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2012 Growing Season Summary

The 2012 California growing season was like a winding road that eventually straightened out. The year began with fairly normal weather patterns that transitioned into a mild summer, but late-season rains added plenty of drama. It was also somewhat of a drought year with the Sierra Nevada snow pack down 30–60% of normal (a statewide indication of water reserves).

January and February were fairly dry and unseasonably warm during the day with one short heat wave, however, there were sustained periods of nighttime coldness that hovered around 32°F.

Temperatures were near normal in March and April with days reaching the 50s and 60s and nights dipping to the high 30s, but the earlier near freezes delayed budbreak one to two weeks depending on the grape variety with most buds pushing late March to early April.

Several coastal regions experienced beautiful spring weather in April, May and June with days in the low 70s to high 80s, nights in the high 40s to low 50s, and occasional morning fog. There were a few storms in early April, but none threatened the infant shoots. Temperatures warmed to the low 90s in Paso and 80 degrees in other growing regions.

More rain fell on the vineyards from Monterey to Mendocino in early June. The remainder of June was clear and cool except for one heat spike around the second week followed by another in mid-July with temps well above 100°F, then another from August 1 – 13. The sum effect of these heat waves accelerated the ripening curve and prompted veraison to occur 1–2 weeks early in some locations. There was a significant cool down in mid-August, but conditions warmed up for most of September.

We picked about 25% of our fruit in late September (e.g. Santa Lucia Highlands Pinot Noir) and 65% from October 10 – 18 (including Paso Merlot, Santa Cruz Mountains Chardonnay and Santa Cruz Mountains Pinot Noir). Rain fell along the North Coast on October 10, but we were able to delay harvesting our Alexander Valley Cabernet Sauvignon until the 16th. We brought in our last bin of fruit on November 7 right before the onset of the full rainy season.

Conclusion

Overall, 2012 was a high-quality vintage with rich fruit flavors. The late-season heat spikes hurt some vineyards, and many locations are still recovering from the 2011 spring frosts, but the dry conditions discouraged the formation of mildew. Finally, the slightly above average-size crop was good for wineries and growers alike, and a welcome reprieve from the smaller crops of vintages 2010 and 2011.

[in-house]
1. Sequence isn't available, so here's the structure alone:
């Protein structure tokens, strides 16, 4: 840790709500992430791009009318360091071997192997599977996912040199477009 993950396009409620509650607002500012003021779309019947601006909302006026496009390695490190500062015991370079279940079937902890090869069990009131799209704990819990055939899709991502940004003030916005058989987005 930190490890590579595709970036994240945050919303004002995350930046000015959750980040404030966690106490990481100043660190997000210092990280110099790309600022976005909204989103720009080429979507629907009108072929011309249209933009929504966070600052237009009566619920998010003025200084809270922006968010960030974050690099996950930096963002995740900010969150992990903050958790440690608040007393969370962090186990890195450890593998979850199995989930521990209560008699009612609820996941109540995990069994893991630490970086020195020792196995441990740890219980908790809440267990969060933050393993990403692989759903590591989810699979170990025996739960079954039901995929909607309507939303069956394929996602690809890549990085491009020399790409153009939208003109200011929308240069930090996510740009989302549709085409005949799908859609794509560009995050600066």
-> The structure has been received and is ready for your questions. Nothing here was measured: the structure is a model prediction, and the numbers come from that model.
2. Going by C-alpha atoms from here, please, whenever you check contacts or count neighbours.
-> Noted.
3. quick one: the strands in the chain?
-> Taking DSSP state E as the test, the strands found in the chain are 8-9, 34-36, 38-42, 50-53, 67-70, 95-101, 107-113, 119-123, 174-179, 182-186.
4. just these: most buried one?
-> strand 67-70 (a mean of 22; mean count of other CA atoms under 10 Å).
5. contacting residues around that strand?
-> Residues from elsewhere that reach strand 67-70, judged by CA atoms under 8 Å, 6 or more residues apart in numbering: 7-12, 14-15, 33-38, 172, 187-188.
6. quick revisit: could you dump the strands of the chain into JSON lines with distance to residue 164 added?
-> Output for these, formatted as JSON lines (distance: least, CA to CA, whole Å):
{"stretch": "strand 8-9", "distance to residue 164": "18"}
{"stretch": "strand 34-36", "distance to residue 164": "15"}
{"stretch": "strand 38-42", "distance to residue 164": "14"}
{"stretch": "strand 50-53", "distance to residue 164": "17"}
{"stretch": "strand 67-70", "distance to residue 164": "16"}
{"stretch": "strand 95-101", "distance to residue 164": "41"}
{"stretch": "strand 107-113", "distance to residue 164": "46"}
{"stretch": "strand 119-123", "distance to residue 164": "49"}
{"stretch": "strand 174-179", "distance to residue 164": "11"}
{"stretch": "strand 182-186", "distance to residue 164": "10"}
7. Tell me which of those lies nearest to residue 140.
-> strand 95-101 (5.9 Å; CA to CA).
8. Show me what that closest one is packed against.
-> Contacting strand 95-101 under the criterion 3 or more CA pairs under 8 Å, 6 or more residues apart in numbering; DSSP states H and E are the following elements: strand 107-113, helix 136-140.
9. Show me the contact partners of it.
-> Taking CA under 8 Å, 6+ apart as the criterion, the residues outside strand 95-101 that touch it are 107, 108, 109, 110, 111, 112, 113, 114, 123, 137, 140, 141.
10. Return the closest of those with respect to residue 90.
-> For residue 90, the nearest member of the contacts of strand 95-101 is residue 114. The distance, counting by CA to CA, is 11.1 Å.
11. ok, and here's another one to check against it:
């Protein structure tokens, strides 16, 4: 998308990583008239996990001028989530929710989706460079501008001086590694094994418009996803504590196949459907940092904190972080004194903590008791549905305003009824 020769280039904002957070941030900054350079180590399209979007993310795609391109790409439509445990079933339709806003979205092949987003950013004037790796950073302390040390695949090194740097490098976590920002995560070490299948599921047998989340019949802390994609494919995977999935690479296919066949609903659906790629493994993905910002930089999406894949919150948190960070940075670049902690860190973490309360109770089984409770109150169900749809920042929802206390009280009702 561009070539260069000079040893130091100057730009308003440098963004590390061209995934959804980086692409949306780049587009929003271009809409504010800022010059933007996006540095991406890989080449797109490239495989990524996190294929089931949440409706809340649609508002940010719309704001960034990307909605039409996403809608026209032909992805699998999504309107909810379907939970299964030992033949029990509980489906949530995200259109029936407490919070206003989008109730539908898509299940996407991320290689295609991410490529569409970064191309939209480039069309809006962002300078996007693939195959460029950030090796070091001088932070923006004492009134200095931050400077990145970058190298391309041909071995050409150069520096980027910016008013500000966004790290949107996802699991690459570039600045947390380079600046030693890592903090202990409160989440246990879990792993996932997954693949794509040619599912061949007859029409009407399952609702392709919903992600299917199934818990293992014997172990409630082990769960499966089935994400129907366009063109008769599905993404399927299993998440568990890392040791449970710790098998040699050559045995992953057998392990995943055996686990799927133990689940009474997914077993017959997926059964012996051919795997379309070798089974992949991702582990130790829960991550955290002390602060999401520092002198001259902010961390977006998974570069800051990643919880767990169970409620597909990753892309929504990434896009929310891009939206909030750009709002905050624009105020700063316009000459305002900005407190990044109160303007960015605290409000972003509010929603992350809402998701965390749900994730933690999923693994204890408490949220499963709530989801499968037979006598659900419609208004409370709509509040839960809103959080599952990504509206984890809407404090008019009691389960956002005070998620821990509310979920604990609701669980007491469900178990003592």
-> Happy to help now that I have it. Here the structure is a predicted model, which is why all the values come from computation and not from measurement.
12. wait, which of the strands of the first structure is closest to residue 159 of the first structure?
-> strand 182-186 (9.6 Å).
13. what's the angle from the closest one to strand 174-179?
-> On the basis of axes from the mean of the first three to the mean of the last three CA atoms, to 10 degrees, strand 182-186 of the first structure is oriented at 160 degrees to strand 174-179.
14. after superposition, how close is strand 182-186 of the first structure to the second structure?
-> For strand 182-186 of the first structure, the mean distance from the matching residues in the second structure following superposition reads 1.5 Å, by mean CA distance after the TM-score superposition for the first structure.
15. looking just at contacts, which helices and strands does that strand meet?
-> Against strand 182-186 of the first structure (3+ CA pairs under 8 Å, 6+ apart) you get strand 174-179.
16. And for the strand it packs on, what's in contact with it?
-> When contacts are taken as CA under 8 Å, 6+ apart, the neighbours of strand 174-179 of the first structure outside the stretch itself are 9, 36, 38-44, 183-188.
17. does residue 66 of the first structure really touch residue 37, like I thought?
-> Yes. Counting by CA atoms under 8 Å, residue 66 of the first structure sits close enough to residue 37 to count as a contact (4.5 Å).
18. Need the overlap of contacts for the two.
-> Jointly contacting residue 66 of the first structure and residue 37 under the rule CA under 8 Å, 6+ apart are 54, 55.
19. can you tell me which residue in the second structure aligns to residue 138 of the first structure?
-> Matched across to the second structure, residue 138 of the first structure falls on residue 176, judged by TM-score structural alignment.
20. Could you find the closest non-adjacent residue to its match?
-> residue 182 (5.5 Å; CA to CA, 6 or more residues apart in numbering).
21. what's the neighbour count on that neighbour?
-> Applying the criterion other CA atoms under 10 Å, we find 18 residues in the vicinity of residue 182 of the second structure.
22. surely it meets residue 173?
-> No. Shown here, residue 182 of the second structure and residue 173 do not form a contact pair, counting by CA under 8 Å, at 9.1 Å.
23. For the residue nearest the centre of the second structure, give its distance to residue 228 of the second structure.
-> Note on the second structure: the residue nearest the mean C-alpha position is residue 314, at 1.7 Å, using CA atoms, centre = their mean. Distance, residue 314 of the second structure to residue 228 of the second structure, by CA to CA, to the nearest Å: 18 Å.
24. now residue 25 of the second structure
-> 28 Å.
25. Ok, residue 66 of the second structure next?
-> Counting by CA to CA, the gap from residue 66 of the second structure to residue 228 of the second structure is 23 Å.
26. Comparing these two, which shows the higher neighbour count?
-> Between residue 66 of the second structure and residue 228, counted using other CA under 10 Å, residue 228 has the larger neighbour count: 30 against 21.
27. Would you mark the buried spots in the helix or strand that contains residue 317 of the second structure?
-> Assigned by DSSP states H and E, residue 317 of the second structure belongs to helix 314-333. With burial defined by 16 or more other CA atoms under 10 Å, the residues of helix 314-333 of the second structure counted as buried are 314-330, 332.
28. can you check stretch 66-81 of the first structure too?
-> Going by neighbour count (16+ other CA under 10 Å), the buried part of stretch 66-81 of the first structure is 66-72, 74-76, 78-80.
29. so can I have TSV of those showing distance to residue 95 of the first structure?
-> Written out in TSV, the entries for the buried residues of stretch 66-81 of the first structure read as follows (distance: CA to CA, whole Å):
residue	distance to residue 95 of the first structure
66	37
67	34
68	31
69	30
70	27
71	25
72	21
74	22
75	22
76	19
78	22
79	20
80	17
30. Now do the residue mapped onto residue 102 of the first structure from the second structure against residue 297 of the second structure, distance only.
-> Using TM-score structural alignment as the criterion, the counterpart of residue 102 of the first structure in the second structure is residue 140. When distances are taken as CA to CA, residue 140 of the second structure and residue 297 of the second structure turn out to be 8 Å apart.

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Gardening for Pleasure

One of life’s great pleasures is passing on a favorite tradition to the next generation. And so it goes with my love of gardening as I hand it down to my sons and their classmates at the Guadalupe Elementary School in San Jose’s Almaden Valley.

This story really begins in the early 20th Century when my grandfather, Rosario Troquato, grew fruit and vegetables and made wine in Calabria, Italy. He later moved to Scranton, Pennsylvania where he gardened and made wine with my father, Angelo Troquato, from California grapes shipped by rail. Fast-forward a few decades to Santa Clara Valley where my father taught me the ropes in our family garden and among the vineyards where he grew grapes for Troquato Vineyards.

Home Garden

Cinnabar Winery's George TroquatoToday, our entire household tills the family garden, and it is especially gratifying to see my two young sons get their hands dirty. We have an assortment of herbs and vegetables (sweet basil, lettuces, tomatoes, squash and pumpkins) and fruit trees including Fuyu persimmons, nectarines, apricots, naval oranges, avocado and a volunteer olive tree.

Naturally, we also grow grapes: one huge Bordeaux vine (probably cabernet sauvignon or petite verdot) that was sprouted from seeds on vertical trellising; two Pechetti clones of zinfandel that produce 20-30 pounds fruit per year; and flame seedless, red globe, and white crimson table grapes on overhead gable trellising that is high enough to walk under.

And what backyard garden would be complete without chickens? Our chicken run is home to three egg-producing hens whose manure is combined with veggie and fruit scraps in a compost rotator to make compost and compost tea for our soils.

School Garden

Students at the Guadalupe Elementary School participate in the Lunch Time Garden Club. Parent volunteers provides supervision, and there is a Tuesday evening gardening session for parents and children. The goal of the program is to maximize the growing seasons so that the garden produces something edible year-round.

The half-acre school garden consists of nine raised beds with open bottoms: 10 inches high, 4 feet wide, and 20 feet long. We mostly grow vegetables (lettuces, beans, beets, onions, potatoes, sweet potatoes, peppers, green beans, squash and pumpkins), but we also have herbs, tomatoes, strawberries, and 13 fruit trees (stone fruits, citrus, fig and apple).

I invest about four-to-six hours per week on both projects, but I welcome spending quality time with family and friends in the great outdoors. I encourage you to try the below lunch menu fashioned from items grown in our gardens and paired with a selection of Cinnabar wines.

Lunch Menu with Garden-grown Vegetables

Onion, cucumber, tomato and squash salad with feta cheese
and balsamic vinaigrette made with fresh herbs (tarragon, oregano, thyme and basil)

Deviled eggs with toasted Acme Sour Dough French bread

(Pair the salad and eggs with Santa Lucia Highlands Pinot Noir,
Santa Cruz Mountains Chardonnay, or Monterey Chardonnay)

Fruit Salad
(Pair with Late Harvest Semillon)